Using find in Subversion working copies

The POSIX find command is extremely convenient and powerful for searching out files and features of the filesystem. In combination with its -exec action it can make changes to many files based on nuanced characteristics. I can’t live without it.

However, it’s inconvenient to use find in Subversion working copies because of all the .svn folders. Find searches within all of them, and since they contain duplicates of the files in the working copy itself, things get cumbersome fast.

You can work around this by pruning .svn:

find . -name .svn -prune -o -print

but find’s -prune flag is pretty intricate and befuddles even the smartest administrators and developers from time-to-time, especially if you don’t understand the default action, -print.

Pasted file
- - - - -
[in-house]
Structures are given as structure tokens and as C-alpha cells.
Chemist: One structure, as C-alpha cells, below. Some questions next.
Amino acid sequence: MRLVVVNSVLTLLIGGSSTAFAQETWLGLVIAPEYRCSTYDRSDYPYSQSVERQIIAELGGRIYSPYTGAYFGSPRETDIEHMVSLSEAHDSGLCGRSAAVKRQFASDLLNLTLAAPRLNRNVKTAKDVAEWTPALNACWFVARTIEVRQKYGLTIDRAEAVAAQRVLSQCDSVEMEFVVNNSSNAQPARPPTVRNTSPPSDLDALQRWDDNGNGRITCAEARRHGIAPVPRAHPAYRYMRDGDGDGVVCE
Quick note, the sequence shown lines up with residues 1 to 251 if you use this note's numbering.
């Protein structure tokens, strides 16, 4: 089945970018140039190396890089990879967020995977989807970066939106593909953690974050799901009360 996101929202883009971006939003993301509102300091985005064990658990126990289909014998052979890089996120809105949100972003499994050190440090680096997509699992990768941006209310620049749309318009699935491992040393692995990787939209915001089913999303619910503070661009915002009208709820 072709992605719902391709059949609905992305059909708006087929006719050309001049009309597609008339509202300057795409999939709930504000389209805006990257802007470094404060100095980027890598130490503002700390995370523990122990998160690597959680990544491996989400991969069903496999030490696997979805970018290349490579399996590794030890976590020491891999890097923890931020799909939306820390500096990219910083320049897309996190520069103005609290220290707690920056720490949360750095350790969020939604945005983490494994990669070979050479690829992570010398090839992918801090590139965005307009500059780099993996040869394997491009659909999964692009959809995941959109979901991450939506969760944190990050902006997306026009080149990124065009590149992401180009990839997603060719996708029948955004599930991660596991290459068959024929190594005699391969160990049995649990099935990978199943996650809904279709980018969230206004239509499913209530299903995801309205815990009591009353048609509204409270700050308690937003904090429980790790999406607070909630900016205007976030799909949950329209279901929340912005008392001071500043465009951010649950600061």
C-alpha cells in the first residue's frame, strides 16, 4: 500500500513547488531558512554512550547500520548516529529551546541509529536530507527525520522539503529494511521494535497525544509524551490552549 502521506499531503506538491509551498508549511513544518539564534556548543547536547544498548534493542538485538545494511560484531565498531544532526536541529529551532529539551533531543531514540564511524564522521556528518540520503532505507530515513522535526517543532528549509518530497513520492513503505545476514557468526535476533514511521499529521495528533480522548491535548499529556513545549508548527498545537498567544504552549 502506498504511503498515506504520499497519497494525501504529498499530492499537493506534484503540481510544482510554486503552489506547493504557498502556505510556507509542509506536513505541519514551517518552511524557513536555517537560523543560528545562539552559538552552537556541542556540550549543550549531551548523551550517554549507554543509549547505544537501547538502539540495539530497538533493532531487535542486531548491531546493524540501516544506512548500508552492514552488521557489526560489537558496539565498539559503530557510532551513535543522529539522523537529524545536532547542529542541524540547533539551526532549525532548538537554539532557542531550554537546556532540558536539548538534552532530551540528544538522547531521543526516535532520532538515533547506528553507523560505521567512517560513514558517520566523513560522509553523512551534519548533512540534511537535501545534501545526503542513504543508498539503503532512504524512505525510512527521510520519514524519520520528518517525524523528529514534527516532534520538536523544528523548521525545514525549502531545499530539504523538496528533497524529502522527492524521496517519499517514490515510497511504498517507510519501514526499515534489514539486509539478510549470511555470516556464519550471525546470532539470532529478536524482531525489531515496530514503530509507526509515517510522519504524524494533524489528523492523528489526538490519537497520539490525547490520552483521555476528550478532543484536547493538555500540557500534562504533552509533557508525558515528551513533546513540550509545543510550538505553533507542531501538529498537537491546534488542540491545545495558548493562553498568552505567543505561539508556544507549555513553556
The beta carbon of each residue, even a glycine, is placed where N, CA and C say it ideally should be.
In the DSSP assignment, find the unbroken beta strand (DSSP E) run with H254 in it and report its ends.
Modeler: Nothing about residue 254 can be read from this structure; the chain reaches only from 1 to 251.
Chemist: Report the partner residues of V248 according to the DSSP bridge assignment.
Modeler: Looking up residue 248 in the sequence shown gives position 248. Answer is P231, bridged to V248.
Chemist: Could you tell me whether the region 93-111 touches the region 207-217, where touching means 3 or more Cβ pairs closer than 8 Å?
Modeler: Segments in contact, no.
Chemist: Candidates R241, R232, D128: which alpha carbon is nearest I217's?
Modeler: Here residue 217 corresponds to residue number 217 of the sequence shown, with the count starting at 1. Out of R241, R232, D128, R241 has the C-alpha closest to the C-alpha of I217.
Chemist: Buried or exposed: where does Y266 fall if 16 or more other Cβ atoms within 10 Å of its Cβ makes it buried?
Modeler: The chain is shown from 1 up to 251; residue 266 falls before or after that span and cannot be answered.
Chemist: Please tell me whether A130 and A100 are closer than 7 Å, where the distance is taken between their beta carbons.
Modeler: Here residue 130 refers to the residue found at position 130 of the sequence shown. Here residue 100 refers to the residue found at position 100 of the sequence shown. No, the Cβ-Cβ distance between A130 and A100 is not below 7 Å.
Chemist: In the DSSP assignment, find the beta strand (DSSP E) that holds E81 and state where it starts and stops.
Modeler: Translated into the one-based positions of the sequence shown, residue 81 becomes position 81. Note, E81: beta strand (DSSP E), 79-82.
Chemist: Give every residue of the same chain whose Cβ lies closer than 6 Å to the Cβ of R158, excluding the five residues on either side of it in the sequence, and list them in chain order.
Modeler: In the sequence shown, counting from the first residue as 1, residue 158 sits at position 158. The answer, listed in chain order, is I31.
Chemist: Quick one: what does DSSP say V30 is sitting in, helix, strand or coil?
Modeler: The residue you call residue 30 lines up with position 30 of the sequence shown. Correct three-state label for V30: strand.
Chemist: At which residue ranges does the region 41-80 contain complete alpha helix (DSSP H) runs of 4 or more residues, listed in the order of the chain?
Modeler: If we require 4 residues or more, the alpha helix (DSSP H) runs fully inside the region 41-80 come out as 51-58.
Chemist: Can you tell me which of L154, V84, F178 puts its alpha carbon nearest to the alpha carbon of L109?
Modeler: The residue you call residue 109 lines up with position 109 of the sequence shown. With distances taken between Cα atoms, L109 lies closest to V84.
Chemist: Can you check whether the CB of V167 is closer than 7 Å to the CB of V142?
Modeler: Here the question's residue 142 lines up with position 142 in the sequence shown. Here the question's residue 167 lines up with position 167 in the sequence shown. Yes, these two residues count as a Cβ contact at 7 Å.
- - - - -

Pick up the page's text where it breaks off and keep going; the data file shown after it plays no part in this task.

To make this easier, I’ve written a shell function that automatically prunes “.svn” and anything found in the svn property “svn:ignore” in the target path. Feel free to use this if you find it convenient.

svnfind() {
	# find things in an svn working copy
	# excluding .svn dirs and anything
	# in the target directory's svn:ignores
	local ignores=()
	local IFS=$'\n'
	local path

	# GNU no-path compatibility
	case "$1" in
		-*) path=".";;
		*) path="$1"; shift;;

	set -f # turn off globbing temporarily
	local _ignores=( $(svn pg svn:ignore "$path") )
	for i in "${_ignores[@]}"; do
		ignores+=( -o -name "$i" )
	set +f

	# If find contains no "actions" other than -prune,
	# append the default action of -print
	local default="-print"
	for arg; do
		case "$arg" in
				unset default
	# $default must be unquoted here
	find "$path" \( -name .svn "${ignores[@]}" \) -prune -o "$@" $default